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    By: Jonathan L. Kvanvig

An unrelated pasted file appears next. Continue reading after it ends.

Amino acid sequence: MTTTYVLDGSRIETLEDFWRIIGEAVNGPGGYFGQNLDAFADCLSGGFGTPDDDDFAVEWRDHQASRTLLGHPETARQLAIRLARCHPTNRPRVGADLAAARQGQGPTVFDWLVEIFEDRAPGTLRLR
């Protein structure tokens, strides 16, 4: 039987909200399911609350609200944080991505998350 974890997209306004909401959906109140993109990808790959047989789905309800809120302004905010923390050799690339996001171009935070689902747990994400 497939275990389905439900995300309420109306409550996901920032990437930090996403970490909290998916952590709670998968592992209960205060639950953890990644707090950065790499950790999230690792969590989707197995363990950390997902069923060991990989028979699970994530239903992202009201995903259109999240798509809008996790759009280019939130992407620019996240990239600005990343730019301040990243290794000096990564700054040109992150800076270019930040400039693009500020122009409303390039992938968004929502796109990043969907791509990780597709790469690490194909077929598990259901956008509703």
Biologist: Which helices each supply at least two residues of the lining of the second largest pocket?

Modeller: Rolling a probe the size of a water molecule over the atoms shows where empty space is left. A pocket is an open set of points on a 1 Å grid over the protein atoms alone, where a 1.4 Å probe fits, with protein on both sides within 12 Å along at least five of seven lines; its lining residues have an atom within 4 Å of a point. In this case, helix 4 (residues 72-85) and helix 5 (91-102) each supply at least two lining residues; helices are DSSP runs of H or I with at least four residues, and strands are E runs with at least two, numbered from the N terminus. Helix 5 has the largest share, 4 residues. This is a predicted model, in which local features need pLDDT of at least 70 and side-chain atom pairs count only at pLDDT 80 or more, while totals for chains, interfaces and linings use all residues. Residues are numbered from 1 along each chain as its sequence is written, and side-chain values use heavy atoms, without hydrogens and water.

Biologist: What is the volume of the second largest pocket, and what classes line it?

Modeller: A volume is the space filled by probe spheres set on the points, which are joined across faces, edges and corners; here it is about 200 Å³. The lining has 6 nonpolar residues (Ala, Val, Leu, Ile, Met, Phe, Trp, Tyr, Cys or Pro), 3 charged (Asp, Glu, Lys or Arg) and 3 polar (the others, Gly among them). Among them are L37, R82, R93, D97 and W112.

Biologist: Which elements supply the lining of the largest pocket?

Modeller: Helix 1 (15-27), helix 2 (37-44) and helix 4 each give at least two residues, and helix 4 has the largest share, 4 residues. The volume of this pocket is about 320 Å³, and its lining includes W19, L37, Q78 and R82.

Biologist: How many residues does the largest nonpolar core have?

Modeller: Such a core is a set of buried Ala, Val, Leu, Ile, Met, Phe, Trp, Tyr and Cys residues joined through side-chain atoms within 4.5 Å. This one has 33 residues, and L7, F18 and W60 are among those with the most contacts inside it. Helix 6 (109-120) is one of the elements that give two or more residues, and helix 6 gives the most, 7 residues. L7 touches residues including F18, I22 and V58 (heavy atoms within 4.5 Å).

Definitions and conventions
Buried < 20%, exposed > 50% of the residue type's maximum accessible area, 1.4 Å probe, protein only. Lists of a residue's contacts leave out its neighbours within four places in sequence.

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    The doctrine of hell presents the most intractable version of the problem of evil, for though it might be argued that ordinary pain and evil can somehow be compensated for by the course of future experience, the pain and suffering of hell leads nowhere. This work develops an understanding of hell that is common to a broad variety of religious perspectives, and argues that the usual understandings of hell are incapable of solving the problem of hell. Kvanvig first argues that the traditional understanding of hell found in Christianity suffers from moral and epistemological inadequacies. Historically, these shortcomings lead to alternatives to the traditional doctrine of hell, such as universalism, annihilationism, or the second chance doctrine. Kvanvig shows, however, that the typical alternatives to the traditional understanding are inadequate as well. He argues that both the traditional understanding and the typical alternatives fail to solve the problem of hell because they share the common flaw of being constructed on a retributive model of hell. Kvanvig then develops a philosophical account of hell which does not depend on a retributive model and argues that it is adequate on both philosophical and theological grounds.

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